Harlequinade (with The Browning Version) - 1st London West End Revival 1988
Previewed 11 March 1988, Opened 17 March 1988, Closed 30 April 1988 at the Royalty Theatre (now Peacock Theatre)
Note: The order of the two productions was reversed in this staging. The cast featured Paul Eddington as 'Arthur Gosport', Dorothy Tutin as 'Edna Selby' and Jean Anderson as 'Dame Maud Gosport' with John Duttine as 'Jack Wakefield', Jak watling as 'George Chudleigh', Daniel Beales as 'First Halberdier', Bill Neville as 'Second Halberdier', Anna Quayle as 'Miss Fishlock', Karl James as 'Fred Ingram', John Skitt as 'Johnny', Sarah-Jane Holm as 'Muriel Palmer', Simon Shepherd as 'Tom Palmer', Malcolm Mudie as 'Mr Burton', Julie Dawn Cole as 'Joyce Langland' and Stephen Churchett as 'Policeman'. Directed by Tim Luscombe with designs by Carl Toms and lightng by Leonard Tucker.
Harlequinade (with All On My Own) - 2nd London West End Revival 2015
Previewed 24 October 2015, Opened 7 November 2015, Closed 13 January 2016 (in repertory) at the Garrick Theatre
A major 'double-bill' revival of Terence Rattigan's The Harlequinade starring Kenneth Branagh and the one-woman play All On Her Own starring ZoŽ Wanamaker - playing in repertory with Shakespeare's The Winter's Tale.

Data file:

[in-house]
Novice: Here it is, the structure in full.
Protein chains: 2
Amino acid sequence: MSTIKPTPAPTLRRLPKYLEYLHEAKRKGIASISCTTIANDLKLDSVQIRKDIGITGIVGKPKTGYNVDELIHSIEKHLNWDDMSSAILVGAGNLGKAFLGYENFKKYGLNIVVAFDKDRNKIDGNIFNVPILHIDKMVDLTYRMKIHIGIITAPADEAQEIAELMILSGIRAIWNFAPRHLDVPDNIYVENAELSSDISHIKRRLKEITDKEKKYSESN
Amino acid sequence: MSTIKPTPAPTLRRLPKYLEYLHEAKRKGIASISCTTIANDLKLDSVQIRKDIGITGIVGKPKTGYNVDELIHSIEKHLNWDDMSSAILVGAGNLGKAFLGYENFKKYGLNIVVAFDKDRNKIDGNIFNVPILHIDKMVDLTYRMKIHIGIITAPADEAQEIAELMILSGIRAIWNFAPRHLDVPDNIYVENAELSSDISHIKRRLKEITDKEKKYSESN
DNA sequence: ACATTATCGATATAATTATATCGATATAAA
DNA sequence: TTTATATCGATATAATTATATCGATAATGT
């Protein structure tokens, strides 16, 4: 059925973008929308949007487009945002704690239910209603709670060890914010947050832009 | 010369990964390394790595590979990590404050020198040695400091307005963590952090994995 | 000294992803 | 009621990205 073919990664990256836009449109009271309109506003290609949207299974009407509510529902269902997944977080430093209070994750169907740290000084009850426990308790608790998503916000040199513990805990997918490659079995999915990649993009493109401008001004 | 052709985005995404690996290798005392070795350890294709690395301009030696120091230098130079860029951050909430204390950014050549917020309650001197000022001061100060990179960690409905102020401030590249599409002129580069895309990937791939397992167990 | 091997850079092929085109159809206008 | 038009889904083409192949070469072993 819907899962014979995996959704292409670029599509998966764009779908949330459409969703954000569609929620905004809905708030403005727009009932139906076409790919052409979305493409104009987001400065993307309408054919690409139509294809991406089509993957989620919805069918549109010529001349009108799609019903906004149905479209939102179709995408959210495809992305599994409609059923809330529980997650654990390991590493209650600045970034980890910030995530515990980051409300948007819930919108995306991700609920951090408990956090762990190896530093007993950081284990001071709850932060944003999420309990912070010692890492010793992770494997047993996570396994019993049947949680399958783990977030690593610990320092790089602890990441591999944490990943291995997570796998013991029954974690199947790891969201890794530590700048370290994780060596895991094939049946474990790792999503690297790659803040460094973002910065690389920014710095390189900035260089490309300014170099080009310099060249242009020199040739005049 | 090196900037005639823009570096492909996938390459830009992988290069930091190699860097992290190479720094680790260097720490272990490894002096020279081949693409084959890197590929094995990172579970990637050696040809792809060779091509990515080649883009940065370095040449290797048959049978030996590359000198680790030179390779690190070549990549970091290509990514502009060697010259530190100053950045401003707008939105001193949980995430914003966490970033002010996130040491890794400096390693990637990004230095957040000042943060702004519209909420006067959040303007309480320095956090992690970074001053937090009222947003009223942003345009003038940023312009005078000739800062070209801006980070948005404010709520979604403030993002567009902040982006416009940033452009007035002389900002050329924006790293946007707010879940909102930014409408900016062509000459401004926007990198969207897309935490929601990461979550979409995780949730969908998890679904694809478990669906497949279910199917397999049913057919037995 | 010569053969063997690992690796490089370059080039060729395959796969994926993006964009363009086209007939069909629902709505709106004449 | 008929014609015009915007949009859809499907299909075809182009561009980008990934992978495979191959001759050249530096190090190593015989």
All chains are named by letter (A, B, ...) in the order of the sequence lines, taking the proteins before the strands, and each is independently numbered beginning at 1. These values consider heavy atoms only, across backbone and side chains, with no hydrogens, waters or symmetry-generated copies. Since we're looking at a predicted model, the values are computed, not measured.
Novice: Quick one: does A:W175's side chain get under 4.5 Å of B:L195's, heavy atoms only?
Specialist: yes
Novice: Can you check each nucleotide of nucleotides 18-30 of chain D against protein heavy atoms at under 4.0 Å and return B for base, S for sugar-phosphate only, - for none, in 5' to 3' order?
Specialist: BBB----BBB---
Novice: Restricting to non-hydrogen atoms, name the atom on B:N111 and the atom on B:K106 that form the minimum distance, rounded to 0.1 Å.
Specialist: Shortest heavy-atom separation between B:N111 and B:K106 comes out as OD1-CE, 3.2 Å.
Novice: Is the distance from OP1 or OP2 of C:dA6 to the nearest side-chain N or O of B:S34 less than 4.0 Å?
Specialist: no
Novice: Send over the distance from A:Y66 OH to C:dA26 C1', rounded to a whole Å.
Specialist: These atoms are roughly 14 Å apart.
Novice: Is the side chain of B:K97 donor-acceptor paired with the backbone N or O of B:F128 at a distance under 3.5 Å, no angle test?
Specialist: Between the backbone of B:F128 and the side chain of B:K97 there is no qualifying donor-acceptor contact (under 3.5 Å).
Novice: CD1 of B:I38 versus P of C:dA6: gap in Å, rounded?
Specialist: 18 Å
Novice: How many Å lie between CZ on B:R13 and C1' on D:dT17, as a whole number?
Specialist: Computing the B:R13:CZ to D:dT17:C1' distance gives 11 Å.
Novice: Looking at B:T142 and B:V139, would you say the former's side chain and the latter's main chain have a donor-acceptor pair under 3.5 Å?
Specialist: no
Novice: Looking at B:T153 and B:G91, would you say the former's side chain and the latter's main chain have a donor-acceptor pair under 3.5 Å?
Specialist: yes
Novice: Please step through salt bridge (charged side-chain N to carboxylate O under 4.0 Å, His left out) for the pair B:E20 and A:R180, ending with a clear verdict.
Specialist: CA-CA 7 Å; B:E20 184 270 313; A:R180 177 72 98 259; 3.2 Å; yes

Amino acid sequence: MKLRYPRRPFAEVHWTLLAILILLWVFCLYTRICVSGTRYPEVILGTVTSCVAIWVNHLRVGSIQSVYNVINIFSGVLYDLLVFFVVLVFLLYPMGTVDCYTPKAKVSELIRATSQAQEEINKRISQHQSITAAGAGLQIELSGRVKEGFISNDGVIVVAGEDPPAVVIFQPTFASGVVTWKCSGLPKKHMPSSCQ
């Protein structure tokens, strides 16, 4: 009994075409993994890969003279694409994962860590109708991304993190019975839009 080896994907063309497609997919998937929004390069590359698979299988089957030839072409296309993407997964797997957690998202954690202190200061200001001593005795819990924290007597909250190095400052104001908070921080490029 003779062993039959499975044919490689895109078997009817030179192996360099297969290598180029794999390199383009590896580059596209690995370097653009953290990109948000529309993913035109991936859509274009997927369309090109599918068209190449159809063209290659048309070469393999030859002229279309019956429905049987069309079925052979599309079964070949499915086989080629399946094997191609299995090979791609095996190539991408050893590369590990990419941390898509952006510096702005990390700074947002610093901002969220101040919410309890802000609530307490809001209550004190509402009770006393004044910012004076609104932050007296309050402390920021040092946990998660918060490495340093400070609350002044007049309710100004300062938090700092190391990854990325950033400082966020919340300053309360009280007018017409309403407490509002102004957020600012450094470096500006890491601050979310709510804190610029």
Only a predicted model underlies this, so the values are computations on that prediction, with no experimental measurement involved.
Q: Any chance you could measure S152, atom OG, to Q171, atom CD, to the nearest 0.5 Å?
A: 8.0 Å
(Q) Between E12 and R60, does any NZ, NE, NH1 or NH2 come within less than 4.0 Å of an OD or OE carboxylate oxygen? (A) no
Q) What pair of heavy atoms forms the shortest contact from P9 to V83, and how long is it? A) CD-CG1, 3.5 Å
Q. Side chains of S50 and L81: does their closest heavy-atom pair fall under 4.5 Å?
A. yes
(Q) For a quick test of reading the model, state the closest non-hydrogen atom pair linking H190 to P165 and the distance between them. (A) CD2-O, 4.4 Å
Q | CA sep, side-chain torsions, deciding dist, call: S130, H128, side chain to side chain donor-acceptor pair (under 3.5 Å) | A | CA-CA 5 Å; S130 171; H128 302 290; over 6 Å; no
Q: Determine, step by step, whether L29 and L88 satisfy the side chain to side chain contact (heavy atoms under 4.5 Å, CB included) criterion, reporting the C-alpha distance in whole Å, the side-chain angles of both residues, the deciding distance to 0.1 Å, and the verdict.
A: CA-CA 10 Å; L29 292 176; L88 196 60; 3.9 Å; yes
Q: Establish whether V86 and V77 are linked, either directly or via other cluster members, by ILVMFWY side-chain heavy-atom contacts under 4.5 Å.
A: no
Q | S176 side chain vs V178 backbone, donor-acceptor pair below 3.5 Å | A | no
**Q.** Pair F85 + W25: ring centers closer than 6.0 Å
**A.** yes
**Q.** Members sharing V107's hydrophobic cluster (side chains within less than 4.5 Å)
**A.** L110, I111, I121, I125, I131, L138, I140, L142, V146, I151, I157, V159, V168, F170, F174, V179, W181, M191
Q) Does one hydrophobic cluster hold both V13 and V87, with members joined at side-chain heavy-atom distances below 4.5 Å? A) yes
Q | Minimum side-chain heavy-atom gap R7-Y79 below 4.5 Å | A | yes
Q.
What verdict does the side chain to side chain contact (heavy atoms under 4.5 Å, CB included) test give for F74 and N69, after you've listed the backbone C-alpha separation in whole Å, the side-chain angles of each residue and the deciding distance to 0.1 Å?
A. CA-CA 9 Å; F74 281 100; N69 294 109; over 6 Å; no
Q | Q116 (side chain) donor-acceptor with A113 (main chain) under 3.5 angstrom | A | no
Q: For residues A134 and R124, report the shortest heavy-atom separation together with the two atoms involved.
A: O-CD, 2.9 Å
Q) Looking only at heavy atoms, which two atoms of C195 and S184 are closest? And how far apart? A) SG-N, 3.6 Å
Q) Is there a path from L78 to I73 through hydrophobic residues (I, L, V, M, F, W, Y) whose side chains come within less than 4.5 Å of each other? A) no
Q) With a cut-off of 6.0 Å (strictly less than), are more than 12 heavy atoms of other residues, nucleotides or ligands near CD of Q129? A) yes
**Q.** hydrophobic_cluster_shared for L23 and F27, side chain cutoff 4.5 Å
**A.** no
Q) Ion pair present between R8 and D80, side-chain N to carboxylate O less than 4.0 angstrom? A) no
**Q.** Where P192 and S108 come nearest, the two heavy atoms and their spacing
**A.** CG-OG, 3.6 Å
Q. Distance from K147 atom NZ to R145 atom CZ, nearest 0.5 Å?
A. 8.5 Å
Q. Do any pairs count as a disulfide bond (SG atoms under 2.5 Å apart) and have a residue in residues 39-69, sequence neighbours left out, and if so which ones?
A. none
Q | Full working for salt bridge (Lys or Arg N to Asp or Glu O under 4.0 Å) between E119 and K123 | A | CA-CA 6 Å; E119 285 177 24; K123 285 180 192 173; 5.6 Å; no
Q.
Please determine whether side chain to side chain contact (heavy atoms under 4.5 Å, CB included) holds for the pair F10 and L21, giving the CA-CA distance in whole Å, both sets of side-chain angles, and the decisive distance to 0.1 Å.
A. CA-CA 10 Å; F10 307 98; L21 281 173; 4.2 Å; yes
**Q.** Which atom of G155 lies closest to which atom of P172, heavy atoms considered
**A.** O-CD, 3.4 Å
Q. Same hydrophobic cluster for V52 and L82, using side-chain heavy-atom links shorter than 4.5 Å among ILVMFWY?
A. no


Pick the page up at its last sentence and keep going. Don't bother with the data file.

The cast featured Kenneth Branagh as 'Arthur Gosport', Miranda Raison as 'Edna Selby' and Zoe Wanamaker as 'Dame Maud Gosport' with Tom Bateman as 'Jack Wakefield', John Shrapnel as 'George Chudleigh', Hadley Fraser as 'First Halberdier', Jaygann Ayeh as 'Second Halberdier', Vera Chok as 'Miss Fishlock', Stuart Neal as 'Fred Ingram', Ansu Kabia as 'Johnny', Jessie Buckley as 'Muriel Palmer', Jack Colgrave Hirst as 'Tom Palmer', Jimmy Yuill as 'Mr Burton', Kathryn Wilder as 'Joyce Langland' and John Dagleish as 'Policeman' Directed by Rob Ashford and Kenneth Branagh with designs by Christopher Oram, lighting by Neil Austin, music by Patrick Doyle and sound by Christopher Shutt.